NRLA: Next PM must boost rental supply

The next Prime Minister needs to make it a priority to boost the UK’s supply of rental properties, the National Residential Landlords Association has warned.

Penny Mordaunt

Trade minister Penny Mordaunt is currently favourite to be the next PM, followed by former Chancellor Rishi Sunak and foreign secretary Liz Truss.

The NRLA’s warning comes after research from BVA/BDRC found that 23% of landlords plan to cut the number of properties they let in the next 12 months, up from 20% a year ago. Only 14% plan to increase the number of properties they let.

The Renters Reform White Paper released in May proposed a number changes to the market, including scrapping Section 21 evictions and introducing periodic tenancies.

While landlords were given a boost with the announcement of a new ombudsman to resolve tenant disputes, it seems some are looking to take a step back from the market rather than adapt to the changes.

Ben Beadle, chief executive of the National Residential Landlords Association, said: “The last six years prove that it was a nonsense to think that cutting the supply of rental housing when demand is so strong would make it easier for those saving for a home of their own.

“Driving rents up just leaves tenants with less cash to save for a deposit.

“We need a strong and vibrant private rental market that meets the needs of those who rely on the flexibility it provides, those who need somewhere to live before becoming homeowners and those for whom the promise of social housing tomorrow provides cold comfort today.

“The next administration needs to reset its plans for the sector.”

Against this picture of falling supply, 60% landlords in England and Wales saw increased demand for rental housing in the second quarter of the year. This represents a large increase on the 39% of landlords who reported increased demand a year ago.

With the demand for rental housing outstripping supply, private rents across the UK rose by 2.8% in the year to May this year, the largest annual growth since January 2016. However, this is dwarfed by house price increases that have occurred at the same time.

The District Councils Network found that three quarters (76%) of the councils it surveyed have warned that a rise in landlords leaving the sector or converting properties to holiday lets has led to longer waits for council housing.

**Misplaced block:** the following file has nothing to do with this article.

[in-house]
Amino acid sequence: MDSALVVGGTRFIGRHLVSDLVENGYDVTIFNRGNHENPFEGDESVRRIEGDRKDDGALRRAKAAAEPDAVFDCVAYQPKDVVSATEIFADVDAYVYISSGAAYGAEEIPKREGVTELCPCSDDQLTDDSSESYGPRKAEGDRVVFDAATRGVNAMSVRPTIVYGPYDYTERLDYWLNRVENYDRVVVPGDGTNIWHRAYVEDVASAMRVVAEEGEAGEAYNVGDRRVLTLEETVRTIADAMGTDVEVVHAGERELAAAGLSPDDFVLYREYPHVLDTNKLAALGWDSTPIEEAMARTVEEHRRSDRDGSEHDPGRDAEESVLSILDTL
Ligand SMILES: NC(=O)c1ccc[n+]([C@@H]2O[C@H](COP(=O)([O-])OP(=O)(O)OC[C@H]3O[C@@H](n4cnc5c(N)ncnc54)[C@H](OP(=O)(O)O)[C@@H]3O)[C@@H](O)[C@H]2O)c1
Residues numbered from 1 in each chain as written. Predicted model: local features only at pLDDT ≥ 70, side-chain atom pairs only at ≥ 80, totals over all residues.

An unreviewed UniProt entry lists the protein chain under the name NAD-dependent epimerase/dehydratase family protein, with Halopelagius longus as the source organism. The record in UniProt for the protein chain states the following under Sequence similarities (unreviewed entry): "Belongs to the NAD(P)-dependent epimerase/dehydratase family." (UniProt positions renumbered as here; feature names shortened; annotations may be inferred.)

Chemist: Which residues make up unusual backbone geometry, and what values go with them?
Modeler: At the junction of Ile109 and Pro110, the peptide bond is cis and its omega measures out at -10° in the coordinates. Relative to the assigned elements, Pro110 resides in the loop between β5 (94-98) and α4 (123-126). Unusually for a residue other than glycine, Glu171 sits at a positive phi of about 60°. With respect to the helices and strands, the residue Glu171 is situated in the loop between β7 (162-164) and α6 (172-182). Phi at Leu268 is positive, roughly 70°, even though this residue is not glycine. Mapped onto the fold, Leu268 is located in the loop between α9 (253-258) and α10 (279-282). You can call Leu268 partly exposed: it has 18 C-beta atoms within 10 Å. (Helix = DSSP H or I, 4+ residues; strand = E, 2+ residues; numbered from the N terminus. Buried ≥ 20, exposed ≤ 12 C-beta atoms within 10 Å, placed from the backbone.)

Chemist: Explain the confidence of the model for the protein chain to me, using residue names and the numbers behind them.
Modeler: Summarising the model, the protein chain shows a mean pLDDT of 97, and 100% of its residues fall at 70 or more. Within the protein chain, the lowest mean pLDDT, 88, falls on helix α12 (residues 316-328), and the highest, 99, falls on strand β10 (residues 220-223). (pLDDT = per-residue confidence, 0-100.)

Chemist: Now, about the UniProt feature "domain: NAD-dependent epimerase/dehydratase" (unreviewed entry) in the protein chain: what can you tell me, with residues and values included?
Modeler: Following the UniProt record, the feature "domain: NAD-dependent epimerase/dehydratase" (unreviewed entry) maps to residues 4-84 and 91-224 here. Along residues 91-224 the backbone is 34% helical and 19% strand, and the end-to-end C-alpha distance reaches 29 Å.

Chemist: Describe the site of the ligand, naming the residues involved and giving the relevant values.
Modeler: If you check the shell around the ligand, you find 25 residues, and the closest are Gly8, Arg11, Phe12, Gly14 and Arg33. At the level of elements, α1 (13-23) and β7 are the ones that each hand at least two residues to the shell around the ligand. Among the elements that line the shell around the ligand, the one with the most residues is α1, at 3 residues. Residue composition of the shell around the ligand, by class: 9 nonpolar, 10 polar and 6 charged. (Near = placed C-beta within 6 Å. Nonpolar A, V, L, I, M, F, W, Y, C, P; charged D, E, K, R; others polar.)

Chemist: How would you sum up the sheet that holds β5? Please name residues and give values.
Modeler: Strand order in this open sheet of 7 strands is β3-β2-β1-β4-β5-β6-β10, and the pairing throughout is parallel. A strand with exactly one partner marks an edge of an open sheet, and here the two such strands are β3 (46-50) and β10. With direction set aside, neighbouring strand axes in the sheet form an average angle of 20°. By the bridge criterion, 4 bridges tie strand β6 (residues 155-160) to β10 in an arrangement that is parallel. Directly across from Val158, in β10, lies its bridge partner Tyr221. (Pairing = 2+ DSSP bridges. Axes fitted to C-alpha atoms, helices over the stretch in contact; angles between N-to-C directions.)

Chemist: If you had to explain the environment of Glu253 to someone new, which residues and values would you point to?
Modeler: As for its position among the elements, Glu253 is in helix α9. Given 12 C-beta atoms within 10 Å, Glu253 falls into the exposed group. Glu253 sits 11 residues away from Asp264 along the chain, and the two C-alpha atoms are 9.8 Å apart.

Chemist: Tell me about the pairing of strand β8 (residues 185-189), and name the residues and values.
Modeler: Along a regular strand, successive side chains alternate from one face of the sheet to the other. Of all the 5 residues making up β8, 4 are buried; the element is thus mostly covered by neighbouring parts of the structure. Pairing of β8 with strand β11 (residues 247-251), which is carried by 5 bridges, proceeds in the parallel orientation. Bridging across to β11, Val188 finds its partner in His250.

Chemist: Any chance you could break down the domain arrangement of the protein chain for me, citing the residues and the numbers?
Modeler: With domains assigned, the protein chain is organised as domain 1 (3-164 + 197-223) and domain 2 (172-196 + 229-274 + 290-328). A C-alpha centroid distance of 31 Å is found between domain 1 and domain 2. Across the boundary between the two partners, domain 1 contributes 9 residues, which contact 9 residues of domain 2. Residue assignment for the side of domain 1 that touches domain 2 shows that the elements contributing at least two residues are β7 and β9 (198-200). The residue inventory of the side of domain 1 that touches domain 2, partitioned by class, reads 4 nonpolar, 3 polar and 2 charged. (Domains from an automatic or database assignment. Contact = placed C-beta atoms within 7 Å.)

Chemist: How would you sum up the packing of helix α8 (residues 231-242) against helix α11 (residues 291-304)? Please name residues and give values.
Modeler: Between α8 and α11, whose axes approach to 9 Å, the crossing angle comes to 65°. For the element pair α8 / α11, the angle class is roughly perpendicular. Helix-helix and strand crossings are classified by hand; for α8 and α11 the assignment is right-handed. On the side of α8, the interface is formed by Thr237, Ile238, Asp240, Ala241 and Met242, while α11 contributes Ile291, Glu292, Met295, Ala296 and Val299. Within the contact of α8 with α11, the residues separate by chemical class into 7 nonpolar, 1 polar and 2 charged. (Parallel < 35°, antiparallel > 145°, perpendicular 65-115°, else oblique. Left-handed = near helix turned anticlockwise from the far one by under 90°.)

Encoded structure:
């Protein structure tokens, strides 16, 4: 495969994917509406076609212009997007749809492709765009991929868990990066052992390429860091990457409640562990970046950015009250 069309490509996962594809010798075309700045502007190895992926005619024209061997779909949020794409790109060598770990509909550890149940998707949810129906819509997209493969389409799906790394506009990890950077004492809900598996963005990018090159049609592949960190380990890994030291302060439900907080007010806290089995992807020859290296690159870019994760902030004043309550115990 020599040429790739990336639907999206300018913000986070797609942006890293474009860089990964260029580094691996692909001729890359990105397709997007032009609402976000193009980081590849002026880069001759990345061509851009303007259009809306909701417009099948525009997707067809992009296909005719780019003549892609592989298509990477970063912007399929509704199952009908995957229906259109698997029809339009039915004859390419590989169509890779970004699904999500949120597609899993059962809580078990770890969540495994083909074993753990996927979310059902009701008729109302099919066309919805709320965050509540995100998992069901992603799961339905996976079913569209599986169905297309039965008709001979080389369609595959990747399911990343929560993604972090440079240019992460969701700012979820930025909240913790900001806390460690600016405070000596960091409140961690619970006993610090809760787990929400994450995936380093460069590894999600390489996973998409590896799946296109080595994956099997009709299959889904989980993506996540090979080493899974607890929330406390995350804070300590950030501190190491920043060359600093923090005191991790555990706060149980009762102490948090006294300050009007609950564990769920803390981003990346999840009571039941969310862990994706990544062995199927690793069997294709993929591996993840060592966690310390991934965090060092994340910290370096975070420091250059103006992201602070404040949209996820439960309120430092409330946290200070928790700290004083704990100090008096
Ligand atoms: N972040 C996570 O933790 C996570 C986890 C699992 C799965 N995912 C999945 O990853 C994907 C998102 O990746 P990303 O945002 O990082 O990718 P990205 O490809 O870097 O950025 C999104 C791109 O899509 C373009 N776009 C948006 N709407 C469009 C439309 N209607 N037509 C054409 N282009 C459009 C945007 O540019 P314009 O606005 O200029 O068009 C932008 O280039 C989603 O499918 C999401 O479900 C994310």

The NRLA suggested that the trend is a direct result of government policy and punitive tax increases since 2015, which have shrunk the private rented sector.

Since the Government began to restrict mortgage interest relief for landlords, the number of private rented homes in England has fallen by over a quarter of a million.

In stark contrast, those providing holiday lets continue to enjoy full mortgage interest relief, creating a distortion in favour of short-term housing over longer term rentals.

The NRLA is calling on the next Prime Minister to end this hostility to landlords and take steps to encourage investment to meet the rising demand.

Research by Capital Economics suggests that just removing the stamp duty levy on additional properties would see almost 900,000 new private rented homes made available across the UK over the next 10 years. This would lead to a £10 billion boost to government revenue through increased tax receipts.

Comments 1

  1. The Government, Shelter, Generation Rent and Councils have been pushing and driving hard for a smaller over-regulated PRS. That is why they have all been bashing the hell out of landlords consistently for a number of years. Now to the extent there is a significantly lower confidence to invest in rental hoiusing. Every cloud has a sliver lining and the result is rents rising at an unprecented rate and the choice of tenants is improving by the day. Downside is, of course, tenants less attractive to landlords are finding it harder to find housing – so the people these fools maintain they are helping turn out to be the bigger losers; but I guess that’s life and the spin these organisations put forward fool the losers into blaming landlords. C’est La Vie

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